Take potentially dangerous PDFs, office documents, or images and convert them to a safe PDF.
Dangerzone works like this: You give it a document that you don't know if you can trust (for example, an email attachment). Inside of a sandbox, dangerzone converts the document to a PDF (if it isn't already one), and then converts the PDF into raw pixel data: a huge list of of RGB color values for each page. Then, in a separate sandbox, dangerzone takes this pixel data and converts it back into a PDF.
Read more about dangerzone in the blog post Dangerzone: Working With Suspicious Documents Without Getting Hacked.
- Download dangerzone 0.1.1 for Mac
- Download dangerzone 0.1.1 for Windows
- See installing dangerzone on the wiki for Linux repositories
You can also install dangerzone for Mac using Homebrew:
brew cask install dangerzone
- Sandboxes don't have network access, so if a malicious document can compromise one, it can't phone home
- Dangerzone can optionally OCR the safe PDFs it creates, so it will have a text layer again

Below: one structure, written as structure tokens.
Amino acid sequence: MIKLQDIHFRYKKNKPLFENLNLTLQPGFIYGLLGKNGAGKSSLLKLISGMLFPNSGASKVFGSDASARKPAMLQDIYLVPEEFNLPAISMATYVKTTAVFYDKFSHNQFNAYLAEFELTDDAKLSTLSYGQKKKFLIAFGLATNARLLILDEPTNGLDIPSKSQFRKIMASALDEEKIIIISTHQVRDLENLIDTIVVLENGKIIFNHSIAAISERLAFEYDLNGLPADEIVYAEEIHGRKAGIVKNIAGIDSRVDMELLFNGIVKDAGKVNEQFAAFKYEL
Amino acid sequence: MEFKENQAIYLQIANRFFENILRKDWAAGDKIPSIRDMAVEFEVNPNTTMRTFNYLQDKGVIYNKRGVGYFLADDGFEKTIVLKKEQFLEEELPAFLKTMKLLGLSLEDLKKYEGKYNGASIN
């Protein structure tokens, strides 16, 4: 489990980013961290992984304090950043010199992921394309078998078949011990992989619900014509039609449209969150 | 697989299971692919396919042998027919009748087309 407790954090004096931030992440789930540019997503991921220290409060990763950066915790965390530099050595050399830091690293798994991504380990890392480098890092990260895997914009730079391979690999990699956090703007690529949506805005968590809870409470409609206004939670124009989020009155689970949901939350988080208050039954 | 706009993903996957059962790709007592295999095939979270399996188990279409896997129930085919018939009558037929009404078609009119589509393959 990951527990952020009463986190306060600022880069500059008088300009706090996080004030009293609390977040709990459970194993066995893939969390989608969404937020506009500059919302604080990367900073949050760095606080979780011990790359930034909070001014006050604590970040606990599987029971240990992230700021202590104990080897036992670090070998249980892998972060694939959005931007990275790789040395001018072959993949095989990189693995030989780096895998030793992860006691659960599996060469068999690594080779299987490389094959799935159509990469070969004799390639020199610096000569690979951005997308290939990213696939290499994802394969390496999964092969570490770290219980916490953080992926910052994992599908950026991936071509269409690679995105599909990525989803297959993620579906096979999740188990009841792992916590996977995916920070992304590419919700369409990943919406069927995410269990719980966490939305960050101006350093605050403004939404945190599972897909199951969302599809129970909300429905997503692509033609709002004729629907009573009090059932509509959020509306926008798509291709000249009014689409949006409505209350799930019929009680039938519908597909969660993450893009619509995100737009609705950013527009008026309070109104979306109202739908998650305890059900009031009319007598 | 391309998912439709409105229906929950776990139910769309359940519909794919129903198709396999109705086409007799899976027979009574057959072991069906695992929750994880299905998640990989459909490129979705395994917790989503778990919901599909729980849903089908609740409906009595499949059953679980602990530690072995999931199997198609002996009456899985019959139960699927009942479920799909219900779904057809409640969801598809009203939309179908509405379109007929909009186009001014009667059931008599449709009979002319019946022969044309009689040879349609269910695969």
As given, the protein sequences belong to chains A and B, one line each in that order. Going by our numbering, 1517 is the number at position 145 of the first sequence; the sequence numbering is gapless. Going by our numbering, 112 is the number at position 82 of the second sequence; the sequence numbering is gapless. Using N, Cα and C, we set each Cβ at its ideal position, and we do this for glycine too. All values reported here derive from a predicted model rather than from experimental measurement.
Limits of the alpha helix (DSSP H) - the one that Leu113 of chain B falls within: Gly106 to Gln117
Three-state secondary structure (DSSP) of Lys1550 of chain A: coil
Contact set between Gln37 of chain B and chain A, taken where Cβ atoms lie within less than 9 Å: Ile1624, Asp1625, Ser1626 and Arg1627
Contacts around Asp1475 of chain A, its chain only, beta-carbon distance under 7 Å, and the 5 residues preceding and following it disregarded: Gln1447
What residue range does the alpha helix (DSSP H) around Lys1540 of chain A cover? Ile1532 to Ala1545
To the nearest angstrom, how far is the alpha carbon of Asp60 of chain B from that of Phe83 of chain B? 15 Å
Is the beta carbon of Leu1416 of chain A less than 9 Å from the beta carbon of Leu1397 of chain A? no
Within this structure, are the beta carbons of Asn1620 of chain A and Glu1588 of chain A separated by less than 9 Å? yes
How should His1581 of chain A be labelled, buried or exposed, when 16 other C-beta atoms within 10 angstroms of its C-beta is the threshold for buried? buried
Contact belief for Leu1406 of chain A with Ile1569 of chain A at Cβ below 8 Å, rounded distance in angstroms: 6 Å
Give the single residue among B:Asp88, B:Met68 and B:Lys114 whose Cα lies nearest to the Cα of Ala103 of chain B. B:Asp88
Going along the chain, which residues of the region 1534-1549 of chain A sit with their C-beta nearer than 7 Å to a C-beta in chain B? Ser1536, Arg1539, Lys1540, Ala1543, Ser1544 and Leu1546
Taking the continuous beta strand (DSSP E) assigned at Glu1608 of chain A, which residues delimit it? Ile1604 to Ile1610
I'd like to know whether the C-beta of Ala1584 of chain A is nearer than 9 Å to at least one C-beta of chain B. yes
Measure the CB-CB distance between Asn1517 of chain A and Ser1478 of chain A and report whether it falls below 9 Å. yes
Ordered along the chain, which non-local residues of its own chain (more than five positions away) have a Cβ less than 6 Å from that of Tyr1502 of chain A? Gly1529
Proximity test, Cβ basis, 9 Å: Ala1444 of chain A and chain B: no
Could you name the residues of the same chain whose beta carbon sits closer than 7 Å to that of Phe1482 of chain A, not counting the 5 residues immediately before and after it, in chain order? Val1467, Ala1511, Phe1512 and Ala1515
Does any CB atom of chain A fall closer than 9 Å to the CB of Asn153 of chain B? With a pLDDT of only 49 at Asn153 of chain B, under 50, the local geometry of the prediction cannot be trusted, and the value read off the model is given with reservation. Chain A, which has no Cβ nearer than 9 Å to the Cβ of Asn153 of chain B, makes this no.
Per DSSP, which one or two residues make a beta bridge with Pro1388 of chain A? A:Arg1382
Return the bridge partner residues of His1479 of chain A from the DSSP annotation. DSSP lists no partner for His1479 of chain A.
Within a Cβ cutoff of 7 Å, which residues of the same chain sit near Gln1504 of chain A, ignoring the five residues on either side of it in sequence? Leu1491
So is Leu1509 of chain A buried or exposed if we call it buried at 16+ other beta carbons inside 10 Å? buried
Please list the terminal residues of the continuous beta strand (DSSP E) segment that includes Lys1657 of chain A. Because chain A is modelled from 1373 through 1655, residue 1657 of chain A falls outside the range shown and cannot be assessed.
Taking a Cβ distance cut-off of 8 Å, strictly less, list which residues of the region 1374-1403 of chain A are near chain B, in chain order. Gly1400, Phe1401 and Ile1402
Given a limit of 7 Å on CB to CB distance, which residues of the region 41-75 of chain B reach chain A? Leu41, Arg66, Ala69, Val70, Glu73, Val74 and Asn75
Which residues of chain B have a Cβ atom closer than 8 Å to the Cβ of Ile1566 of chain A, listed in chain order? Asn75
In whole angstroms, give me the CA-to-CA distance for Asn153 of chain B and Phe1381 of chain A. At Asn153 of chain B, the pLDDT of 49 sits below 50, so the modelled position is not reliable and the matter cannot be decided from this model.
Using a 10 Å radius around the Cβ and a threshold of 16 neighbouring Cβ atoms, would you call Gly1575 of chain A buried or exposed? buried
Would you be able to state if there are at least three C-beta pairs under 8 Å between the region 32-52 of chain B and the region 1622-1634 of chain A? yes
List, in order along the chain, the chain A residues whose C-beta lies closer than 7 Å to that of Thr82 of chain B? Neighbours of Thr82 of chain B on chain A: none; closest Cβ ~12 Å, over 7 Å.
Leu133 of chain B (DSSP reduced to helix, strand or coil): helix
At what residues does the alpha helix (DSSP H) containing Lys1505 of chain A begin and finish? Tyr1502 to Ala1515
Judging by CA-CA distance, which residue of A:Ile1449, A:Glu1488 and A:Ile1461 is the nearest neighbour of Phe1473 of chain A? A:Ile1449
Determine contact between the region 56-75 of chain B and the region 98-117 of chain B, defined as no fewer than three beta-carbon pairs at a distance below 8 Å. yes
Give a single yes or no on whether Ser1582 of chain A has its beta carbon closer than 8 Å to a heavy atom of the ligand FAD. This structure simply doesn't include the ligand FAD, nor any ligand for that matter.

- Dangerzone compresses the safe PDF to reduce file size
- After converting, dangerzone lets you open the safe PDF in the PDF viewer of your choice, which allows you to open PDFs and office docs in dangerzone by default so you never accidentally open a dangerous document
Dangerzone can convert these types of document into safe PDFs:
- PDF (
- Microsoft Word (
- Microsoft Excel (
- Microsoft PowerPoint (
- ODF Text (
- ODF Spreadsheet (
- ODF Presentation (
- ODF Graphics (
- Jpeg (
- GIF (
- PNG (
- TIFF (
Dangerzone was inspired by Qubes trusted PDF, but it works in non-Qubes operating systems. It uses containers as sandboxes instead of virtual machines (using Docker for macOS, Windows, and Debian/Ubuntu, and podman for Fedora).
Set up a development environment by following these instructions.
The git repository for the container is called dangerzone-converter.